The Canadian Prairies are huge and if you are crossing from points east of Winnipeg, many will say they are wide and boring. That’s not true. If you stay on the TransCanada highway you might soon tire of wheat and canola fields, but if you are out for adventure you can encounter a kaleidoscope of different landforms.
Starting at Brandon, Manitoba, this trip takes you to see more than wide farms.
Brandon is located along the meandering Assiniboine River. Some of the meanders loop so wildly that in flood season the river simply goes across the narrow neck of land cutting a new channel. There are several oxbow lakes that show historic river channels. Brandon is developing a trail system following the 17 km of the river in town. In places, it’s paved, and in others, it passes through trees and marshland. If you stopped at Meadowlark Campground, right along the Can-1 highway, you might go in town to stroll along the pathway or take a long bike ride.
Around Brandon the fields are huge and if you are there when the crops are ripening, the rolling wheat mirrors the waves on an ocean. Wheat is not the only crop and sometimes the fields are very colourful with a mixture of blue, green and yellow.
Now, for many miles you drive through grain farms, and the route is broken by many small towns, some still with the characteristic big grain elevators. The iconic wooden elevators are becoming scarce and are being replaced with steel-clad structures and cement silos.
The land slowly changes as you head west. Fields are often rolling and there are numerous wet holes or sloughs. These are great for wildfowl, but not good for big machinery that would rather proceed in straight lines instead of circling wet areas. The flat prairies are usually rolling land, and in some places near streams and rivers, there will be deep gullies and extensive erosion.
From time to time, you will get a whiff of a distant gas or oil well. Moosomin, SK flourishes from an industry of potash mining, farming and oil and gas.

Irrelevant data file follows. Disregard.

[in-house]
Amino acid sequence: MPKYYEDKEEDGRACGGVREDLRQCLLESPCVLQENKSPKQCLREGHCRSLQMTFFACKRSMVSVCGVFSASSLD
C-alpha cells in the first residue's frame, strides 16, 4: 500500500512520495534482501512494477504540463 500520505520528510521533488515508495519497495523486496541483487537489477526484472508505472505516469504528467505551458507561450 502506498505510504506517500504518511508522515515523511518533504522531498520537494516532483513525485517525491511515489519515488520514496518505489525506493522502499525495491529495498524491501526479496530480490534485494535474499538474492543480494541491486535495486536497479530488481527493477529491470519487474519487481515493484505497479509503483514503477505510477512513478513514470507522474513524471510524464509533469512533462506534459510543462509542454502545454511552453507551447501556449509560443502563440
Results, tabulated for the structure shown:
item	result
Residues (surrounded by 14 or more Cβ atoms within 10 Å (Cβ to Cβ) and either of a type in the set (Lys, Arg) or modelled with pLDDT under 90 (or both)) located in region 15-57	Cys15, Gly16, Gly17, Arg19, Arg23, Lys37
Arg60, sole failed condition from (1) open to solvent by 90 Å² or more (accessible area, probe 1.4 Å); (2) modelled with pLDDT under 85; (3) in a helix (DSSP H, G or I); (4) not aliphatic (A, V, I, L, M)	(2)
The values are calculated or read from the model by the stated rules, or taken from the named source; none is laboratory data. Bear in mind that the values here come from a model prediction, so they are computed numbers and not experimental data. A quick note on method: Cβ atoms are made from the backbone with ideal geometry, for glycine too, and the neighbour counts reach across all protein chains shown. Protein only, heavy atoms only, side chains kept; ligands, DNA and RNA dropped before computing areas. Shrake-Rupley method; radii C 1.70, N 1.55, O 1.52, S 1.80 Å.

North of the highway is a section of badly dissected land with small streams that run into the broad Qu’Appelle Valley, and you turn north at Indian Head heading for the valley on Sask-56. At Indian Head, the Indian Head Campground is a handy stop.
As you leave the big statue of an Indian head at the community of Indian Head you drive through more large flat fields until a line of bluffs comes into sight. Then, with little warning, the Qu’Appelle Valley appears with the sudden deep blue of one of the lakes. All around the lake are houses and a nearby golf course. The descent is about 9%. This is an excellent hill from which to take pictures of the valley.
Drive along the small lakes called The Calling Lakes, which consist of a chain of lakes, Katepwa, Mission, Pasqua, and Echo Lake. They provide camping, fishing, and swimming. The lakes gained their names from a legend which Pauline Johnson made into her famous poem. The story deals with an Indian on his way to marry his intended. As he paddles on the lake he hears someone twice call him. He calls out across the water, “Who calls?” and repeats it in French, “Qu’Appelle?”. He gets no further reply but upon reaching her village, he finds she has died, but not before calling him, twice. The road along the lake may be narrow, but the drive is pretty.
Near Katepwa Lake there is a viewpoint along the Qu’Appelle River that tells about gouges in the soil caused by icebergs that were floating on a great glacier lake and their bottoms dug into the soil here causing glacial grooves up to 5 metres deep. These are similar to those in the area south of Lake Winnipeg. Farming has changed them, making them more difficult to see from the ground.